— the major causes of difficult behaviour in schools (Miller et al., 2000, Miller et al., 2002; Norwich, Cooper & Maras, 2002); teachers consistently see home backgrounds as the principal cause of the misbehaviour and a large scale national study involving the parents and teachers of over 2,000 pupils found that parents and teachers differed significantly in their estimations of the extent of an individual child's difficulties;

    — the ways in which parents can most effectively support schools in managing behaviour, (Miller et al., 1998); and

    — the persons who are most able to effect positive changes (Miller & Black, 2001).

  4.2  Systematic collations of highly successful interventions involving educational psychologists, teachers and parents have revealed the nature of the consultative skills displayed by psychologists in moving potentially explosive situations towards positive outcomes valued by all parties (Miller, 2003).

  4.3  Studies highlight the value of incorporating support for parents or caregivers into interventions. A wide range of proven parenting programmes is now available including Parent Support Advisers, dedicated expert parenting practitioners and the increased availability of "Think Family" services. although the majority of parents attend these programmes voluntarily, some must to do so because they have been issued with a Parenting Contract or Order (DCFS, 2010a).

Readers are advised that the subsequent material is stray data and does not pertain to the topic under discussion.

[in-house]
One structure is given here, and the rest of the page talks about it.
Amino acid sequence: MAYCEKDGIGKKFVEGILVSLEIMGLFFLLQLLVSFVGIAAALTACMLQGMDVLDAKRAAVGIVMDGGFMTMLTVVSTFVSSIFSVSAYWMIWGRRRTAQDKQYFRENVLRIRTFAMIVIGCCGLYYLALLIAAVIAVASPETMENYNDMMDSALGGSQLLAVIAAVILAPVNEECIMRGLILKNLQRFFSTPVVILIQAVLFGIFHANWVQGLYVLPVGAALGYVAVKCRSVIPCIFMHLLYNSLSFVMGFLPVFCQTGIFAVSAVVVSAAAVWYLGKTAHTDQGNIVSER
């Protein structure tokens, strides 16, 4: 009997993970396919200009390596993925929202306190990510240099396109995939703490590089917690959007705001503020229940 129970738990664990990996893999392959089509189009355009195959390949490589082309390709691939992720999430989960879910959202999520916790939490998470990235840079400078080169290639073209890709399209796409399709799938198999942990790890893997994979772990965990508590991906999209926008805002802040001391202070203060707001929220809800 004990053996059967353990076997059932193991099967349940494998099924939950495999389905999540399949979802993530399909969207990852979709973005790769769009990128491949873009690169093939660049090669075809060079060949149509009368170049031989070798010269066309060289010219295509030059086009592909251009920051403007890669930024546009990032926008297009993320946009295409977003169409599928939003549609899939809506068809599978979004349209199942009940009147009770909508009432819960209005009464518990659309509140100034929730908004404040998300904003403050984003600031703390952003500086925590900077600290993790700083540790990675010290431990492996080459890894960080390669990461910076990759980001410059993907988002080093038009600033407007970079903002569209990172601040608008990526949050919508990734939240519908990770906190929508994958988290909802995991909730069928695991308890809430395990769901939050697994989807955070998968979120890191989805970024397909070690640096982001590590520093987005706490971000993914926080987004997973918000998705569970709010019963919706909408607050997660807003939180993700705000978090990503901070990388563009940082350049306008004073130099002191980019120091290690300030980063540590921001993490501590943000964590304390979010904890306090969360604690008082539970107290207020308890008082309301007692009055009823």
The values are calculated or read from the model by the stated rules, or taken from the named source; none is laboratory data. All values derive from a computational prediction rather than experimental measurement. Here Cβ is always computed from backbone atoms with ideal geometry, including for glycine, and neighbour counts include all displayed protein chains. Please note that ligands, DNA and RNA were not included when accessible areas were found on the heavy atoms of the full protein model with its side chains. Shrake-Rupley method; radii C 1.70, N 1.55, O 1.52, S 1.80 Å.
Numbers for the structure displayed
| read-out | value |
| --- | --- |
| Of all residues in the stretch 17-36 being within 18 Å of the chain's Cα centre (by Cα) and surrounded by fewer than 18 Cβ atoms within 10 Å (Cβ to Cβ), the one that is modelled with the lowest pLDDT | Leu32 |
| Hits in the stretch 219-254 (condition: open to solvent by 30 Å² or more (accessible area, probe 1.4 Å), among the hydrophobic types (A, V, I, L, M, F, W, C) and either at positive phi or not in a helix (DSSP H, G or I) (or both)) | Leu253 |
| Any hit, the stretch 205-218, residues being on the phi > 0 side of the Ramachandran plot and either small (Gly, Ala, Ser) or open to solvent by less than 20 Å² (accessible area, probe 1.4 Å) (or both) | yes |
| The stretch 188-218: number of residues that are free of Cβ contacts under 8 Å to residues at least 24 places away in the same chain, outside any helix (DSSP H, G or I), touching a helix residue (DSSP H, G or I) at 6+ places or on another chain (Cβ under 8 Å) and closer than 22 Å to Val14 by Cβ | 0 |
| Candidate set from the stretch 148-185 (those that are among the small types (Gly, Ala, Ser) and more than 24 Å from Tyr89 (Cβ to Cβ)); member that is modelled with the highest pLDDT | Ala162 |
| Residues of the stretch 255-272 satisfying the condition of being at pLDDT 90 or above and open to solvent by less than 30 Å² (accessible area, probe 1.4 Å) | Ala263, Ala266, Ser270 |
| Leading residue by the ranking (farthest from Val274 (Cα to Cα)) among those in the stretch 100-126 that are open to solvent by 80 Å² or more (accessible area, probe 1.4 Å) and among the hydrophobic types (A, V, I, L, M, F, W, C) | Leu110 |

5.   How special educational needs can best be recognised in schools' policies on behaviour and discipline

  5.1  Pupils with behaviour difficulties are not a homogeneous group but can be typified under at least eight headings, including: delinquency, emotional difficulties, behavioural difficulties, emotional and behavioural difficulties, social problems, challenging behaviour associated with learning difficulties, and mental health problems (Maras, 2001). Individual pupils rarely fall under one category and they therefore require different and targeted interventions.